He asked God to forgive all His enemies. He forgave the thief who asked for forgiveness, assuring him entry into heaven. When he cried out to God, asking why He had forsaken Him, He was quoting from David’s Psalm 22, which is a psalm packed with Messianic prophecies, down to the details of pierced hands and feet, and the casting of lots for His garments.

Another final phrase of Jesus was in telling John to care for His mother, Mary. In this statement Jesus shared His emotional connection to His mother, entrusting her care to John.

He also said He was thirsty, reminding us that the son of God lived in a body that felt pain, hunger and thirst, just as we do. 

Jesus, therefore, understands all of our physical, emotional and spiritual needs.

He commended His Spirit to God, His father, which every person must do in final moments. Finally, He said, 

“It is finished,” which are the words that say the most. Jesus completed the sacrifice on the cross, as both the lamb of God and the high priest who now lives to intercede for us. 

Meditating on these final words can bring His presence nearer to us during our own trials. 

Three days later, the silence of His own death was broken by His resurrection power, which promises us eternal life over death, and brings miraculous answers to our prayers today. 

We might think of a current situation in our lives, which can feel like we are carrying a cross.  Meditating on the final words of Jesus brings a mysterious peace to our silence, and that’s because He is real, and is walking right beside us. He knows everything we feel, and in our silence, we surrender it all to Him, and trust Him to take care of everything, according to His perfect purpose. 

Jesus is saying to each one of us, 

“Trust in Me, I’ve got this.”

In silence we remain prayerful, and His resurrection power and love surrounds us, and brings peace.

Jesus, help us to know you are walking beside us as silent lambs. We believe your resurrection power still changes lives, and your truth always prevails in the end. Speak to our hearts through your words on the cross, and in our silence, give us grace, strength and comfort through your resurrection power. Amen


The power in suffering

“But rejoice inasmuch as you participate in the sufferings of Christ, so that you may be overjoyed when his glory is revealed.”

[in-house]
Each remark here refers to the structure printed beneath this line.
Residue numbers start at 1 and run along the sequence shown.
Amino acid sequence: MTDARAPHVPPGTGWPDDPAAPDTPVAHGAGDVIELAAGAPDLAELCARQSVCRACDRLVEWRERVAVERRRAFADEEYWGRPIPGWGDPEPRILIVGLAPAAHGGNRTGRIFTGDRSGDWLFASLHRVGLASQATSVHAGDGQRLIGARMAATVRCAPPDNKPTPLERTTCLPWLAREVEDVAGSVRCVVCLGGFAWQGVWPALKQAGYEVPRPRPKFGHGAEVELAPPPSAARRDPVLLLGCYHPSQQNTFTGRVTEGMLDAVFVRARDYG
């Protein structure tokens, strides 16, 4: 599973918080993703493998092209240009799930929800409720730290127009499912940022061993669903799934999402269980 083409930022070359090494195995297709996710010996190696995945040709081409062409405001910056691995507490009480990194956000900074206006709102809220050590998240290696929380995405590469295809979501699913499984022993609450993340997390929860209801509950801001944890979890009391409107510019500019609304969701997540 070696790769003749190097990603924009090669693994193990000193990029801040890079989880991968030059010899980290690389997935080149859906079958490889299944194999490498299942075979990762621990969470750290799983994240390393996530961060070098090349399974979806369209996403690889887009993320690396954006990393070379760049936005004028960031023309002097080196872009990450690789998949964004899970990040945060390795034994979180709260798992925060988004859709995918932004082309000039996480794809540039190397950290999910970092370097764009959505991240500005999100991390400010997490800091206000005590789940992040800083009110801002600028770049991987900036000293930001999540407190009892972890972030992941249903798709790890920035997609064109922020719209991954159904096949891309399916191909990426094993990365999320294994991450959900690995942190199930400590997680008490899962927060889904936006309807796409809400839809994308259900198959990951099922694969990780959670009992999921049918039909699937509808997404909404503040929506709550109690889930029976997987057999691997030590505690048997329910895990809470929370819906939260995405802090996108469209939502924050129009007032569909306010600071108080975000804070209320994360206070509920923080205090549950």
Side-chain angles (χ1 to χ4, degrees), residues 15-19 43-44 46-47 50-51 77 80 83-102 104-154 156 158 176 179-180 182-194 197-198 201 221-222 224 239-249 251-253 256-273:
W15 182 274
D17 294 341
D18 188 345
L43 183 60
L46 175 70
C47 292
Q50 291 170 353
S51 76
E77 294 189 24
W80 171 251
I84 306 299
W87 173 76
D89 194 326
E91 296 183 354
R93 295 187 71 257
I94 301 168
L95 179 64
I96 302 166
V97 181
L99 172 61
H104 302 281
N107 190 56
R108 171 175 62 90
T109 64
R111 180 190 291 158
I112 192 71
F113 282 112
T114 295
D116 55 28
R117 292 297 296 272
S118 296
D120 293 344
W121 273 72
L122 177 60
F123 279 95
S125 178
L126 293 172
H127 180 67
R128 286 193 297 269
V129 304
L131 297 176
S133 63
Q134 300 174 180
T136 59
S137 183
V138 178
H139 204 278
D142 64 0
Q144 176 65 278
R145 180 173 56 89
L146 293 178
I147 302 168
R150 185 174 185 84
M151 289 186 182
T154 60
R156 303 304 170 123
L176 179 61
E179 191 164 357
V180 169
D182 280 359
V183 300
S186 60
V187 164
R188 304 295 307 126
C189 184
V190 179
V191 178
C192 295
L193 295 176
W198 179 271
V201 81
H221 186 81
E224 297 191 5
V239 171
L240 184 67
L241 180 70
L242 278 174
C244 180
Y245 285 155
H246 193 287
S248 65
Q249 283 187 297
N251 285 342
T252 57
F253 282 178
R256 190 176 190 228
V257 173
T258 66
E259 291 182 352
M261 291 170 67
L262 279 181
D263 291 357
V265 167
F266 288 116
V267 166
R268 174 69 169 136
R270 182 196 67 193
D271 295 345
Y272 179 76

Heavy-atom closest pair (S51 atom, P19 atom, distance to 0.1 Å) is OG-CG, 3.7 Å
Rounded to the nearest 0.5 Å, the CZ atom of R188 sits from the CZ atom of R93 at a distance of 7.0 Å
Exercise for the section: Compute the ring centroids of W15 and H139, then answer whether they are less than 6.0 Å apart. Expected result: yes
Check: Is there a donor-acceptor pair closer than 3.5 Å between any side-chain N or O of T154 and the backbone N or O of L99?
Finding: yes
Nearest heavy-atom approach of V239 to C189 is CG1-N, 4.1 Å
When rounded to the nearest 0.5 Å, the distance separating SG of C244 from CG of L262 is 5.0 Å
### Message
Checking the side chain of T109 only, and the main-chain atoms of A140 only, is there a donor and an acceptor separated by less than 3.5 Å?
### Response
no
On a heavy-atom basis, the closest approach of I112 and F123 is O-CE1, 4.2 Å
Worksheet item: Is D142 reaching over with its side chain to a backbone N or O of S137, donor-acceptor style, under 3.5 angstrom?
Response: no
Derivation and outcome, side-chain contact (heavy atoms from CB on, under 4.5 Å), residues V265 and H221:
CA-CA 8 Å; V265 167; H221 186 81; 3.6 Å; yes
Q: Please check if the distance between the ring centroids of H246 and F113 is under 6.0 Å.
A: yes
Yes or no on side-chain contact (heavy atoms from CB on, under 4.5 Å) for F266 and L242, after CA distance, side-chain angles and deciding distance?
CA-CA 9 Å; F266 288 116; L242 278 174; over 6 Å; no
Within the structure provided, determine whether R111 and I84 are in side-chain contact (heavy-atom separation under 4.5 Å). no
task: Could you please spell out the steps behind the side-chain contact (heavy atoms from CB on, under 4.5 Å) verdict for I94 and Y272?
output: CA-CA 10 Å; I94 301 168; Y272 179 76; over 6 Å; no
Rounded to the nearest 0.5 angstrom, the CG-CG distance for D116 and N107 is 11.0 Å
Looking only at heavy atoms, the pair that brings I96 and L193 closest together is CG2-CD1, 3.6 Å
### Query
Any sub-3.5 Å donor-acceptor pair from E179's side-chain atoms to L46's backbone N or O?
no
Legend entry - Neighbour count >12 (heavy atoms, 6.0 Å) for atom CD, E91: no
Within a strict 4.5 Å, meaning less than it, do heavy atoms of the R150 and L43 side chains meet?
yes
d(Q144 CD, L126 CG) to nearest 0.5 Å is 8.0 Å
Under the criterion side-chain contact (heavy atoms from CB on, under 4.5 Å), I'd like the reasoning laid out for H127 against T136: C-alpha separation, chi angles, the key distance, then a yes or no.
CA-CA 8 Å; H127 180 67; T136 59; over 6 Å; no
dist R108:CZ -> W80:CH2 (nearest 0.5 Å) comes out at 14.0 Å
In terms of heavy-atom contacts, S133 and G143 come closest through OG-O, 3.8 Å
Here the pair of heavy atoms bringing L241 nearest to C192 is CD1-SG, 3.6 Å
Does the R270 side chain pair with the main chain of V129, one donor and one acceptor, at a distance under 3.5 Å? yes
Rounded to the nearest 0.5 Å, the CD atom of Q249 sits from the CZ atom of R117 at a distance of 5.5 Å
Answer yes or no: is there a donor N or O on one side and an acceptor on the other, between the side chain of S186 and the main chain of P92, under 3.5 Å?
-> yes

1 Peter 4:13 (NIV)

“I want to know Christ—yes, to know the power of his resurrection and participation in his sufferings, becoming like him in his death..”

Philippians 3:10 (NIV)

Suffering is not a popular topic in Sunday sermons. No one looks for suffering but when life brings it, the answers are found in the inspired teaching and examples of Peter and Paul. They both spoke so much about participating in Christ’s suffering.

Some churches ignore the cross and exalt the achievements preferred by our current culture. The world celebrates recognition, fame, wealth, health, talent, athletic skill and physical beauty as the goalposts of success. We can become so conformed to the world’s signs of success, that we interpret any kind of suffering as failure.

Jesus said His peace is not the kind the world offers, and it’s not found by conforming to the world’s standards, but by allowing God to transform our minds.  People are enthused with parades, fireworks, and victory celebrations, but Heaven knows that the real triumph is at the cross, where our final atonement was achieved. Jesus was more powerful in His suffering on the cross than in the celebration of Hosannas at His entry into Jerusalem.

The ministry of Paul was so anointed that when his handkerchief was taken to the sick, their illnesses were cured. That is resurrection power, but the cross has to precede the resurrection.

Peter and Paul both had ministries of healing and miracles, but they also suffered continually with hardships, afflictions, beatings and many kinds of persecution. They had a cross to carry but their suffering did not destroy them, it empowered them.

Therefore, our lives as believers will include this odd combination of suffering and resurrection power. Jesus didn’t tell us to take up His resurrection and follow Him, He told us to take up our cross and follow Him. (Matthew 16:24)